November 1: Sheet Pan Beef and Black Bean Nachos
Thanksgiving is the most important food day in November. By now, you've made your list, checked it twice, and you're ready to start the cooking marathon. Planning for Thanksgiving is one of the best ways to ensure a successful holiday meal, but if you have a family, you also need to plan for the other 29 days of the month. That's where this collection of recipes can come in handy. We've put together 29 days of easy, fast, and fresh dinners so you don't have to do anymore thinking for this month. We've done it all.
November 1: The first day of November guarantees a candy hangover and some dark circles from the late night of tricking and treating your neighbors and friends. If you need a fast and fresh dinner, look no further than our Sheet Pan Beef and Black Bean Nachos. While we love melted shredded cheese, we found that it makes the nachos a bit unwieldy. Instead, a creamy cheese sauce coats each chip and makes it easier to separate from the pack. You can use pinto beans instead of black beans and shredded rotisserie chicken instead of ground beef. Topping potential is endless, but we like sliced avocado and jalapeño. Serve with Zucchini, Carrot, and Radish Salad for a simple dinner you can cook, serve, and clean in record time.
November 2: Sautéed Salmon with Citrus Salsa
Consider this light dinner an antidote to a season of rich stews, braises, and roasts. Serve with Cilantro Quinoa with Pine Nuts for date night, or double for 4 people. The tart, bright citrus topper cuts through the natural fattiness of the salmon; it would overwhelm lighter fish like cod or flounder. After freeing the citrus sections, squeeze the membranes over a bowl and make a quick vinaigrette for enjoying during the week. Change up the salsa with chopped tart-crisp apples and a seeded minced jalapeño, or try diced ripe pear and pomegranate arils.
November 3: Pork Chops with Herbed Goat Cheese Butter and Green Beans
This speedy main feels restaurant-worthy, but it couldn’t be easier or more affordable (just $2.70 a serving). Stirring fresh herbs, garlic, or lemon rind into softened butter, called compound butter, is a brilliant topper for simply cooked meats or fish, a pile of steamed vegetables, or as a spread for crostini. We stretch the butter with softened goat cheese to lower the saturated fat and add a tangy, luxuriously creamy finish. Dollop the goat cheese mixture over the pork chops and cover the plate with foil so it will melt slightly while you cook the green beans.
November 4: Crispy Chicken, Ham, and Swiss Roll-Ups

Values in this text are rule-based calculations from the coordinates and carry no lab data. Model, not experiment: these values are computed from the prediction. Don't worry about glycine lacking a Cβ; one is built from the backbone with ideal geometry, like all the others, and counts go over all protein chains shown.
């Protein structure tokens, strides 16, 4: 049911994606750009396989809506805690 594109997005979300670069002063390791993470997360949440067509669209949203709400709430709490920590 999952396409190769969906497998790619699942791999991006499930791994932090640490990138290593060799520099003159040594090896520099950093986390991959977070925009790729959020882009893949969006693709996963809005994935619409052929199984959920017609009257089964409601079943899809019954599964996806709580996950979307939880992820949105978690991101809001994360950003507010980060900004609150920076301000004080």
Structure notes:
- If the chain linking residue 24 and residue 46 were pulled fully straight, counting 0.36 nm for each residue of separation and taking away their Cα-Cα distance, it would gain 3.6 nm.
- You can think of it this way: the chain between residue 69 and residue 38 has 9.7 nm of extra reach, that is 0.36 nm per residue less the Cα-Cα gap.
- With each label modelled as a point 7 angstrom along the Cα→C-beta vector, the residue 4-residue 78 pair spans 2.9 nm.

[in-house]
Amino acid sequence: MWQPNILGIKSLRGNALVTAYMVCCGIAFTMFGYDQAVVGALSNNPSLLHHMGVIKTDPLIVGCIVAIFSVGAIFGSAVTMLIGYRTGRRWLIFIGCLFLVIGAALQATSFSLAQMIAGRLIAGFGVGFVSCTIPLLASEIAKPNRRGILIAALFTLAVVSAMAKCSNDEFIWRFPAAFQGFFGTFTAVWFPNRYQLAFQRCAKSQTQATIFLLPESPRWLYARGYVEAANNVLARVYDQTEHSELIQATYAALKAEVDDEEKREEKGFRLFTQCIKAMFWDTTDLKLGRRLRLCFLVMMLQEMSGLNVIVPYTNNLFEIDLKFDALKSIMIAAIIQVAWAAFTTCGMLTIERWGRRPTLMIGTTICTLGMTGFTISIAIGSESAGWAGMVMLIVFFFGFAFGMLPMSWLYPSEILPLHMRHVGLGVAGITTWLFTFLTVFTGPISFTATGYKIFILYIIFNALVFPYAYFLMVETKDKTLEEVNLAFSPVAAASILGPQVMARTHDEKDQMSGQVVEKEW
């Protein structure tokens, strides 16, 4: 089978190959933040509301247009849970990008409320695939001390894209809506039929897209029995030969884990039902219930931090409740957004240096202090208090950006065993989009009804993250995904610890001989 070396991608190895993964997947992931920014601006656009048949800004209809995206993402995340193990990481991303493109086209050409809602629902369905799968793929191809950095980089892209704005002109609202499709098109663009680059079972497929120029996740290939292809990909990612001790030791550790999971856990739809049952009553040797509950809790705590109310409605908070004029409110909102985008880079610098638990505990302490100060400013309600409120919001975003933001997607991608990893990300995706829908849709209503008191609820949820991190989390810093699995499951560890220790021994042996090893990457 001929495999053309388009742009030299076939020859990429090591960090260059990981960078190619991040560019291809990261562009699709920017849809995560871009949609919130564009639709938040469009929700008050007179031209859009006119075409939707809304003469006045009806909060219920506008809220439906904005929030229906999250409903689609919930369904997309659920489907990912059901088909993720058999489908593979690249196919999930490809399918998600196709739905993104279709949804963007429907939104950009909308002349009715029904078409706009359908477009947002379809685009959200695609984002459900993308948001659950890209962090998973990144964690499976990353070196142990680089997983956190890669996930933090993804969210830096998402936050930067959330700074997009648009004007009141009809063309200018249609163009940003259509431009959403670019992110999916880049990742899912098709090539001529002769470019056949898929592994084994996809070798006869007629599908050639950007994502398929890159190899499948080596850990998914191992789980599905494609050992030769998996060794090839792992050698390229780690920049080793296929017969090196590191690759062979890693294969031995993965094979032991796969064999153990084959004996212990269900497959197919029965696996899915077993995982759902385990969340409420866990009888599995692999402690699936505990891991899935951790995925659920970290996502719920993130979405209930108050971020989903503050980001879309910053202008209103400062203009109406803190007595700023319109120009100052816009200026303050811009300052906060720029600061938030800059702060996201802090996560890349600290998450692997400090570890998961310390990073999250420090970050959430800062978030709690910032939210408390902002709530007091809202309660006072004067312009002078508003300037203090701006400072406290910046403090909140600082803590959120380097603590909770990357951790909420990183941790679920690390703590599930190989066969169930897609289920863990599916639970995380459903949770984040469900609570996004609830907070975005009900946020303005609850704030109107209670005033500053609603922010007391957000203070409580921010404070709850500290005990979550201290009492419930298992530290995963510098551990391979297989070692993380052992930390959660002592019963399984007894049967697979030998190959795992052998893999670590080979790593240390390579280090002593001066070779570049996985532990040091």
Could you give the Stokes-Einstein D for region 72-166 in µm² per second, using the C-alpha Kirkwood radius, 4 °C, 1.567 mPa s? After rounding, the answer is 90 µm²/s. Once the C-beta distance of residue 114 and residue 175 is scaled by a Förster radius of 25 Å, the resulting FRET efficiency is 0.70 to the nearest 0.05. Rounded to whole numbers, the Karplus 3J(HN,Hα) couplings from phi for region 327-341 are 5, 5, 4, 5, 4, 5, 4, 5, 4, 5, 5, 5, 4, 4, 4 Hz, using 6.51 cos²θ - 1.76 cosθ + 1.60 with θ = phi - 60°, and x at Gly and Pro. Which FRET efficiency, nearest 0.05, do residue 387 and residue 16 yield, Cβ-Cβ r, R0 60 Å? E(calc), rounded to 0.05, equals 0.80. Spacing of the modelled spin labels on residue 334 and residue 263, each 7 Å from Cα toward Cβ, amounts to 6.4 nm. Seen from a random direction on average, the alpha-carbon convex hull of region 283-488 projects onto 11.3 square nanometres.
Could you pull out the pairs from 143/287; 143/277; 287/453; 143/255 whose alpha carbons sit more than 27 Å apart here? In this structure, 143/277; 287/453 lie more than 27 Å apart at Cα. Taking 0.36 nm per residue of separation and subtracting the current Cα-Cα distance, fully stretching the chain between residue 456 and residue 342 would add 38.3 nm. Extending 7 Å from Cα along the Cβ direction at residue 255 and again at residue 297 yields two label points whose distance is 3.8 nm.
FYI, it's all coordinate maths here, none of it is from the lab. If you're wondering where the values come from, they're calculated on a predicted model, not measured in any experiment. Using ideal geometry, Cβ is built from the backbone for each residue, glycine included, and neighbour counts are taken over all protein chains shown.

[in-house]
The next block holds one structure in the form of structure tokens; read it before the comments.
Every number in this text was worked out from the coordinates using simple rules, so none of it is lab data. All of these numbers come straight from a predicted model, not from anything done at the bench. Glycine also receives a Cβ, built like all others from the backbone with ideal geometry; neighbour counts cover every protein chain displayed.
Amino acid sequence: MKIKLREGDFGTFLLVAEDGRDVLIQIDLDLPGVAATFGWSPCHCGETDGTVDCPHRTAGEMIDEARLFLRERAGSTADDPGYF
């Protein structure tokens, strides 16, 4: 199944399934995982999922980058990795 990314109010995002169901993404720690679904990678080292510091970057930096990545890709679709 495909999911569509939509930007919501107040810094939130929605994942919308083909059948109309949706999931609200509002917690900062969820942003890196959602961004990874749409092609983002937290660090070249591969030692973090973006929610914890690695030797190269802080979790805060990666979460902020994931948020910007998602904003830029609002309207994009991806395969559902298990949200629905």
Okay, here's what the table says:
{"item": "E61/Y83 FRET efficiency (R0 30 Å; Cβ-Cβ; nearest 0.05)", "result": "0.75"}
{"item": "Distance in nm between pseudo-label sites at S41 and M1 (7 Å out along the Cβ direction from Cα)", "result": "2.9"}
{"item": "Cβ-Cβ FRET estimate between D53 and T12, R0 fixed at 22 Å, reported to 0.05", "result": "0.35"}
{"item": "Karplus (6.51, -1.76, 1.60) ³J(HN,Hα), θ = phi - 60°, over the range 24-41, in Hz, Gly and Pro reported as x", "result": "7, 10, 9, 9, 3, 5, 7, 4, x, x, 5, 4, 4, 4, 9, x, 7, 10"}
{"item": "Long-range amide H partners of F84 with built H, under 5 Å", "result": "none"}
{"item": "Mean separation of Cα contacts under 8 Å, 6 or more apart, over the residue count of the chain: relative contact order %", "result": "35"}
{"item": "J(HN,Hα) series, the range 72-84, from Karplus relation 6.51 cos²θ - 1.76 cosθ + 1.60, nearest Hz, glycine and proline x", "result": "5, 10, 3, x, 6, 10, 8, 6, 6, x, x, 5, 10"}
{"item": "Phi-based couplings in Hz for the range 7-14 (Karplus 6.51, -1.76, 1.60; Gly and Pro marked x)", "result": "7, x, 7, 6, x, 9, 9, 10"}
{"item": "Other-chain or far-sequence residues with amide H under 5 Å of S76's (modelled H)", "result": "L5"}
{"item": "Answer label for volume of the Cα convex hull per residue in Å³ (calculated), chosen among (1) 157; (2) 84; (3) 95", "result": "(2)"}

Meaty, cheesy, moist, and crunchy: This 5-ingredient dish really delivers. Preheating the pan gets the breading crisp within 20 minutes. If you only have regular breadcrumbs, just add 1⁄2 teaspoon dried oregano and 1⁄4 teaspoon garlic powder. The timing and ingredient amounts work for small, 2-ounce cutlets. Split larger ones in half: Place each on a cutting board, and place your hand flat on top. Holding a sharp knife parallel to the cutting board, carefully halve using short, swift strokes. Serve roll-ups with a simple green salad.
November 5: Quick Loaded Potato Soup
This lighter version of the beloved soup gives you more flavor, less glop, and full hearty satisfaction. With one simple extra step, the standard mashed potato process leads to a creamy soup adorned with all the great baked potato toppings. It also happens to be ideal for a lazy Saturday night by the campfire or around the television for football games. Double or triple this recipe to feed a crowd. Set out a bar of toppings, and let people mix and match for their favorite soup style.
If you like the idea of some chunks of potato, mash coarsely; for a smoother soup, mash more completely. For the best texture, stick with russet potatoes (aka baking potatoes); starchier varieties won’t yield as creamy a result. The soup reheats well, so it’s a good make-ahead candidate; just store the toppings separately.
November 6: Slow Cooker Sausage Cassoulet
A bit of sausage adds a zesty kick to this hearty bowl of beans and root veggies; it’s a fresh take on slow-cooked comfort. If you can’t find pre-cooked sausage, buy it raw and sautée in step 1 with the veggies before loading and setting the slow cooker for the day. Serve this warm, cozy dish with a dark leafy green salad and a knob of crusty whole-grain bread—the perfect weeknight meal to fill you up without the guilt between all those holiday parties.
November 7: Tofu and Vegetable Lo Mein
This dish has all the umami-rich qualities we love about classic takeout and none of the greasy sodium-bomb qualities we don't. Wavy, deep yellow Chinese egg noodles can be found in the refrigerated section of any Asian market and many supermarkets. You can substitute any refrigerated fresh pasta or even brown rice noodles; boil until just al dente. Sliced baby bok choy, carrots, snap peas would also be delicious here; add the vegetables in stages, from hardy and dense to leafy and tender; so all can cook to the perfect doneness. Serve with Steamed Broccoli with Peanut Sauce for a simple, flavor-packed side.
November 8: Black and Blue Steak Salad
This gastropub favorite usually features a heaping portion of steak, butter-yellow croutons, and a blanket of creamy dressing. Our more balanced version includes avocado and a vinaigrette that complements the vegetables instead of disguising them. A little meat goes a long way: just 12 ounces is plenty to serve 4. Serve with Mini Baked Sweet Potatoes for a lighter approach to the classic meat-and-potatoes combo. If you'd like to make this recipe in advance, grill the steak and cook the sweet potatoes a day or two ahead. Reheat the potatoes while you assemble the salad.
November 9: Sautéed Scallops with Shaved Celery Salad
Celery is an underrated vegetable, often used as a flavor accent for soups or Thanksgiving stuffing. But it shines as the star in a salad, thanks to its fantastic crunch and naturally salty flavor. For ease and speed, we advise slicing thinly on a mandoline. To cut by hand, line up 3 stalks and slice all at once instead of slicing each stalk individually. The crisp texture of the salad provides a nice contrast to the creamy-meaty scallops. Golden raisins are a surprising and delicious addition, offering a pop of sweetness and chewy texture; you can substitute regular raisins, dried currants, or dried cranberries.
November 10: Kale-and-Chorizo Soup